#

Markdown Test

Hello, world!

Go home.

*Seriously.* go home. *Please.*

**Seriously.** go home. *Please.*

What about “quotes” you say? I don’t know–maybe not–can we find out… Like ‘quotes’ or just “quotes?”

# Heading 1

## Heading 2

### Markdown Test

So $\begin{bmatrix}0 \\ 2\end{bmatrix}, \begin{bmatrix}1 \\ 7\end{bmatrix}, \begin{bmatrix}2 \\ 12\end{bmatrix}$
, and any other points on that line, are all *possible solutions to this matrix equation*.

- If we set the current to any other value $x$
, the voltage across the two terminals will be along the straight line connecting those two points on the V-I plane: $$\begin{align} V_{A B} (i=x) & = \text{OCV} \big( 1 - \frac {1} {\text{SCC}} x\big) \\ V_{A B} (i=x) & = \text{OCV} - \frac {\text{OCV}} {\text{SCC}} x \end{align}$$

Or on its own:

How about inline equations? $2+2=4$ Yeah, that works. With underscores? $x_b=y_a$ And more? $V_{\text{A}} = \big( x \big) _A \cdot j_ A$

Inline accidental html? $x<b>y$ but this should NOT be bold $5</b>3$

What if we have some money involved?

What if we have some money involved? $\text{Cost} = \$5$ . That should be fine, right? $\$100$ .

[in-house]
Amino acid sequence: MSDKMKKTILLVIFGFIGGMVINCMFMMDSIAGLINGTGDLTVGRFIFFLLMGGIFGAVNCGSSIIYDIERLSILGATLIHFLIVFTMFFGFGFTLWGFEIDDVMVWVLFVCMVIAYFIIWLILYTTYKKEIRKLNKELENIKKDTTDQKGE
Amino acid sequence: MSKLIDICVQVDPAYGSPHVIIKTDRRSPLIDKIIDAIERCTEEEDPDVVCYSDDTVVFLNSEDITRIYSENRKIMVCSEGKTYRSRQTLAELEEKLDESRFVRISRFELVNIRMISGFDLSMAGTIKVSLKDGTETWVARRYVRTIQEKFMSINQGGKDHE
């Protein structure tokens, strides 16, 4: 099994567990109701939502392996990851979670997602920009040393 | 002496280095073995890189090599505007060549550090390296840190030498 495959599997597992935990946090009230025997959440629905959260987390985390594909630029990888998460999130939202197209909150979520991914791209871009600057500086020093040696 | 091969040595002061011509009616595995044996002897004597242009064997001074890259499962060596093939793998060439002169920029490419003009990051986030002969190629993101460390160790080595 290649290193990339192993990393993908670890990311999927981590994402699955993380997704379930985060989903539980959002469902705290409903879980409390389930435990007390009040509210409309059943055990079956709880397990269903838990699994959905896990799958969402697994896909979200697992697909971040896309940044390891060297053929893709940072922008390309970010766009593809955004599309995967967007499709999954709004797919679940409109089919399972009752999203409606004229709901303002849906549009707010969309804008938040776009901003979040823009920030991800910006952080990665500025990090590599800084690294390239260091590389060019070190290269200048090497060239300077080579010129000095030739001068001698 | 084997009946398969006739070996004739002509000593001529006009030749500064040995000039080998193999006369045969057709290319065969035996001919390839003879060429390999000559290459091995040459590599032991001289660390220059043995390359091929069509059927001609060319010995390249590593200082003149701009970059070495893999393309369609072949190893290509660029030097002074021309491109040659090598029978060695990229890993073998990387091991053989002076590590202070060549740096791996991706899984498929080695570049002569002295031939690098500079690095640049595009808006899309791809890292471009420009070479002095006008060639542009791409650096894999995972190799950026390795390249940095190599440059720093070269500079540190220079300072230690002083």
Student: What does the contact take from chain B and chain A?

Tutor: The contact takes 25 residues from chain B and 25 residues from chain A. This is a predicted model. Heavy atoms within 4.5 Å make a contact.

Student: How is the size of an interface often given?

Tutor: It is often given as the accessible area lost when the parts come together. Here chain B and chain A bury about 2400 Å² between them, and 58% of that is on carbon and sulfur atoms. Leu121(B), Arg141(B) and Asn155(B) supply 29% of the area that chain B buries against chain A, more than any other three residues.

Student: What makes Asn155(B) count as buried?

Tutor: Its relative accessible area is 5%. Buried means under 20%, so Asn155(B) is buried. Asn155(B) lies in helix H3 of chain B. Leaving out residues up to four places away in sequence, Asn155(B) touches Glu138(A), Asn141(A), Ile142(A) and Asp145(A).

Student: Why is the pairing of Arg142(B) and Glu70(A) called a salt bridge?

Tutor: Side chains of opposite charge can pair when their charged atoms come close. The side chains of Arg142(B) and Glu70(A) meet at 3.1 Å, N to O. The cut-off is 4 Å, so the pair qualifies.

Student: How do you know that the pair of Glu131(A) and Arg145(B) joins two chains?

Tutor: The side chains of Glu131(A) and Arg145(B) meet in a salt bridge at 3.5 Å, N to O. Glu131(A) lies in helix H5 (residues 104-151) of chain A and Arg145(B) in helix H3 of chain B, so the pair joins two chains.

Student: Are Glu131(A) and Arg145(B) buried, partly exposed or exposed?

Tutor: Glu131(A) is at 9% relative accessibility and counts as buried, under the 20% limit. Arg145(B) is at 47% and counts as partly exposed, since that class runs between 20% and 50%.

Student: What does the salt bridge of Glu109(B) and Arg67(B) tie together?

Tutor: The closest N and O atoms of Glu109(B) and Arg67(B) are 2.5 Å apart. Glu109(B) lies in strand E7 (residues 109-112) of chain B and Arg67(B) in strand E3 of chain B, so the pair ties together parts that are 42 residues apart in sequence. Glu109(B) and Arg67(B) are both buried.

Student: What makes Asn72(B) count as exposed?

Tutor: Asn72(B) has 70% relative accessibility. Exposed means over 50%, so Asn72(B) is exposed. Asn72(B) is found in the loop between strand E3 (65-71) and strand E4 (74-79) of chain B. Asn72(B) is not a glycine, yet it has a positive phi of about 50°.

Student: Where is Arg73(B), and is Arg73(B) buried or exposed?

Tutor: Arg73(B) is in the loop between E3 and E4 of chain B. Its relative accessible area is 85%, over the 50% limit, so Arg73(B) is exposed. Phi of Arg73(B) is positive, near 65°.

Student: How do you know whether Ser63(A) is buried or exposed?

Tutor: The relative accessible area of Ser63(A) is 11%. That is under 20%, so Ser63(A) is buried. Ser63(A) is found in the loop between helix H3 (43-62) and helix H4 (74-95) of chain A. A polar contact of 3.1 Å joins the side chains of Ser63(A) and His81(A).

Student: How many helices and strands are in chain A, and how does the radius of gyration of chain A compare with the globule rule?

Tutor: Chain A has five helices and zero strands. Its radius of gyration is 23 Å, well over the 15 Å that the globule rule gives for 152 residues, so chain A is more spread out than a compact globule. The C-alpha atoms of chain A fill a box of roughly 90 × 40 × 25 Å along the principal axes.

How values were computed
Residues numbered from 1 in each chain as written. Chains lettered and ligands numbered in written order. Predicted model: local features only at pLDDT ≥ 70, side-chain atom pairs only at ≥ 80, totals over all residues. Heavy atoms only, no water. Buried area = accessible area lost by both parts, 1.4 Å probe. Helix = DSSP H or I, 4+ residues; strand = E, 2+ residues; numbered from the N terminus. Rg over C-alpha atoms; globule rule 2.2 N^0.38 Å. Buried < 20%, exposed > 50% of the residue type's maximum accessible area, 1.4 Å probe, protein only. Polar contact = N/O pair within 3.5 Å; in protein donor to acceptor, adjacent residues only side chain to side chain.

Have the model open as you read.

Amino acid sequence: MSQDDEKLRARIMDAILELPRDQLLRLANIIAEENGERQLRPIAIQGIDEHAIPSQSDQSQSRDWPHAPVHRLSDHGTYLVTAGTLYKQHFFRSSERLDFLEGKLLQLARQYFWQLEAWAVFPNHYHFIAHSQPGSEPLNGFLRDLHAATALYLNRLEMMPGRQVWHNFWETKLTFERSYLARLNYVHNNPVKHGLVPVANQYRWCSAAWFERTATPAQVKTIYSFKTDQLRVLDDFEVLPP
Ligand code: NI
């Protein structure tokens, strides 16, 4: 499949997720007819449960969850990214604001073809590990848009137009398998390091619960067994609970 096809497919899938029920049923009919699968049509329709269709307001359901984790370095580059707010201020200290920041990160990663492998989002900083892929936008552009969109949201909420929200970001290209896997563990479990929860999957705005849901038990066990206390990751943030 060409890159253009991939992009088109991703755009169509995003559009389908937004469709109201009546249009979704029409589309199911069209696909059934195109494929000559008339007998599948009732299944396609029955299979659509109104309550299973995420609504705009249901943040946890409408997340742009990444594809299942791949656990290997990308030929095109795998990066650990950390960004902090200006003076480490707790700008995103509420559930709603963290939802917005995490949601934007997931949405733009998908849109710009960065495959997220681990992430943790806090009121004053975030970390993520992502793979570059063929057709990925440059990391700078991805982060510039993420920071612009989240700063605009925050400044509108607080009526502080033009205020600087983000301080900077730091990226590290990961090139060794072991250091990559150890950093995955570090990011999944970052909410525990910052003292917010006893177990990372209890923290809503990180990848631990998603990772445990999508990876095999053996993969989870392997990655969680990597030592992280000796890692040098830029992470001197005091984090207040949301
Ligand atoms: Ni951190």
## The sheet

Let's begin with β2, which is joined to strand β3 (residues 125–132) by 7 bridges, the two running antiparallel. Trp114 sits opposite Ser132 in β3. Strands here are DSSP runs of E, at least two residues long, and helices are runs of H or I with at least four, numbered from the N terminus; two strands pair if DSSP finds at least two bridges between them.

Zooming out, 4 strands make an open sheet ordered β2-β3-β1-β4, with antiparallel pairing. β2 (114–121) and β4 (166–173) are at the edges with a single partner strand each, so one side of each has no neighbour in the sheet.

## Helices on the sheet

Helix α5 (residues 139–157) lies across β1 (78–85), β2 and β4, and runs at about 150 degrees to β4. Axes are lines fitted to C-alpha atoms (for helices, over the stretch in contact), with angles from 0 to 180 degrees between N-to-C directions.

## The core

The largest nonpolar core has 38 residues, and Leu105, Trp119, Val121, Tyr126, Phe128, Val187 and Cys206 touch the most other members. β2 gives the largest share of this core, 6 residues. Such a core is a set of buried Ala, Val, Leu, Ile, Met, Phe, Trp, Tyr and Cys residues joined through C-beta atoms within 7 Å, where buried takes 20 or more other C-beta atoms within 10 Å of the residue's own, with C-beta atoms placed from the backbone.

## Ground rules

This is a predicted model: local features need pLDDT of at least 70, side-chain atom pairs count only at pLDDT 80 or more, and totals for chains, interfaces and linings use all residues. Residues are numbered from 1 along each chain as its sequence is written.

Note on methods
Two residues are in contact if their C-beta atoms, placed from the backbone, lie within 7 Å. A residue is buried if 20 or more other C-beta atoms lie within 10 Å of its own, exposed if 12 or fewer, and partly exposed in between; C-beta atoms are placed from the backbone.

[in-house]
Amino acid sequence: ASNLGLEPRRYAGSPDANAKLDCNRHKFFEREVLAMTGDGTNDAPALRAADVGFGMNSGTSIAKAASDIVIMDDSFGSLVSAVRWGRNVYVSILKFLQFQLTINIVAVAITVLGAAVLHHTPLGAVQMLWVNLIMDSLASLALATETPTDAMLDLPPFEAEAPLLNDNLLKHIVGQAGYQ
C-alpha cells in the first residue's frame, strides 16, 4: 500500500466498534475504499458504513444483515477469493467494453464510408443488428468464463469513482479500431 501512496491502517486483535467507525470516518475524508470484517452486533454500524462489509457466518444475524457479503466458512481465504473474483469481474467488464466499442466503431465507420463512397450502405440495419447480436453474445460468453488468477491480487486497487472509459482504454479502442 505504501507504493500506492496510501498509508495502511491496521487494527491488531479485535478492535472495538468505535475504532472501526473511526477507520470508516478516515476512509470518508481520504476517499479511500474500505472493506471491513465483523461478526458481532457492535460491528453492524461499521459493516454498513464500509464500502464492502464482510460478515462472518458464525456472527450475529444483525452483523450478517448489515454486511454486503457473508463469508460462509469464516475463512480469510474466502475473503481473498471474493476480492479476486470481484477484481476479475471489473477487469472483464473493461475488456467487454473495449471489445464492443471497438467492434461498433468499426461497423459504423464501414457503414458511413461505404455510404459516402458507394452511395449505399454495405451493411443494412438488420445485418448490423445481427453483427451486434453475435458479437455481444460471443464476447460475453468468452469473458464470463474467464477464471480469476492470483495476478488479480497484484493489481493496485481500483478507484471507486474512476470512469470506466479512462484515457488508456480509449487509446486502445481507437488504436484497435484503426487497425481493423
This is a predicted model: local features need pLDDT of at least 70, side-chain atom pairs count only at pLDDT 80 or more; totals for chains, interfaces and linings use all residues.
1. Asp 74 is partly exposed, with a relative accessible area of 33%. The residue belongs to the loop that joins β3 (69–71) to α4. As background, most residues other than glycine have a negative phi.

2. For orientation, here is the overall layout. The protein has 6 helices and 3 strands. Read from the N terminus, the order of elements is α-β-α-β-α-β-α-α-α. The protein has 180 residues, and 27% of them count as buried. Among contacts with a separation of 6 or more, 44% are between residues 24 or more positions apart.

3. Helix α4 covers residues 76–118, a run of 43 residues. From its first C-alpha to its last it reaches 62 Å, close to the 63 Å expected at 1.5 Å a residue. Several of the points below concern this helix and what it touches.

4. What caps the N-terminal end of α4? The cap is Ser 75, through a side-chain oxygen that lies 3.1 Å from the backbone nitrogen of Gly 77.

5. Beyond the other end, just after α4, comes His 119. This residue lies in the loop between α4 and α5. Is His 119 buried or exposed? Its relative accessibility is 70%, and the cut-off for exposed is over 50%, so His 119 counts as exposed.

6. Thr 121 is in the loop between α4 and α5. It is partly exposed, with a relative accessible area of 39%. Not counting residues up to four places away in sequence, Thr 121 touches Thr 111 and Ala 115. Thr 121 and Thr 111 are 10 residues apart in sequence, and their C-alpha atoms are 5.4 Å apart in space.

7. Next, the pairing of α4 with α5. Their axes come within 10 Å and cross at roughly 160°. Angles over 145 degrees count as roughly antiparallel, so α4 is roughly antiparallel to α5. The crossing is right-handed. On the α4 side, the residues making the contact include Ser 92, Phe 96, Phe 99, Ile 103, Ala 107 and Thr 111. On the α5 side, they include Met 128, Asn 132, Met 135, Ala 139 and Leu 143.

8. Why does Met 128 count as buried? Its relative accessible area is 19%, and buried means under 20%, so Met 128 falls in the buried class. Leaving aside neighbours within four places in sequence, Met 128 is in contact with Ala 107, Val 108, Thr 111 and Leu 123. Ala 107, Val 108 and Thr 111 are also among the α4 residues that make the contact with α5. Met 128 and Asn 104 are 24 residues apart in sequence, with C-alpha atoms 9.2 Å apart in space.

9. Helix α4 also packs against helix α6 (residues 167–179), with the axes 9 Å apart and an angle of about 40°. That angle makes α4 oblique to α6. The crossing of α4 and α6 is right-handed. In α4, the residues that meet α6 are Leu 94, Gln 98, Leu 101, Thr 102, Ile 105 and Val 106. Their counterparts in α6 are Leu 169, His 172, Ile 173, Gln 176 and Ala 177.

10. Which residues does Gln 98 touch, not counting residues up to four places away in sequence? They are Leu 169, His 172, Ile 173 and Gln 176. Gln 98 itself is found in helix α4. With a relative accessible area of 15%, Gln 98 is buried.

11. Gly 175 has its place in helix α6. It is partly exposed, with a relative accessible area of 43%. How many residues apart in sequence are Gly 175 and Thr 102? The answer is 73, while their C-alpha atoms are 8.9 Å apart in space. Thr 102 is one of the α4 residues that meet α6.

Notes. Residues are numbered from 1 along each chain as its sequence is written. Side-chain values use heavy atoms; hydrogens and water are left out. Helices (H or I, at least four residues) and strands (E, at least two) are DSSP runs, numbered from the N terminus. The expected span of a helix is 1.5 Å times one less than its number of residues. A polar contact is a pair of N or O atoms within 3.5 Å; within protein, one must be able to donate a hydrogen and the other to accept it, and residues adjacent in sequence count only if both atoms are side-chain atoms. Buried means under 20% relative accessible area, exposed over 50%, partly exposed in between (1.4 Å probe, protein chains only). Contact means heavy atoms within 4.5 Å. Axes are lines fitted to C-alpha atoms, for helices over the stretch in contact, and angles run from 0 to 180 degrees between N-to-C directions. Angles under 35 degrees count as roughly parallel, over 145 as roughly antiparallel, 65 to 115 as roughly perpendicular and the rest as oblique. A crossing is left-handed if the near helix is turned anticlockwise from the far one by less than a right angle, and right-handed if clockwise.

How about standalone ones?

And multi-line?

What if I leave blank lines?

OK, now we’re cooking.

How about a circuit?

Exercise It’s a thing! Click it! Click it __now__.

What if we ** Nest these**? Will it

__???__

*Still work?*HELLO-TAG-TEST

# What about tags in __Headings__ where *conventional* things work?

Let’s do serious equation things:

We could equivalently write this matrix equation even more compactly as an augmented matrix as described in the Systems of Equations section:

## Inline Math! & 5 < 3 > x

Before $x$ , between $x \rightarrow \infty$ .

In fact, depending on the structure of our equations and for really huge values of $x$ , it might be appropriate (though usually is not!) to take the full limit of $x \rightarrow \infty$ :

…

For “small” $x$ , by which we really mean $|x| \ll 1$ , a new approximation is needed for our function $y(x) = \frac {1} {1 + x}$ .

…

But, for values of $x$ close to 1, we can approximate this fraction with a simpler expression that doesn’t have an $x$ in the denominator. Here’s how we can construct the tangent line around the point $x=1$ :

**Ultimate Electronics: Practical Circuit Design and Analysis.**CircuitLab, Inc., 2019, ultimateelectronicsbook.com. Accessed . (Copyright © 2019 CircuitLab, Inc.)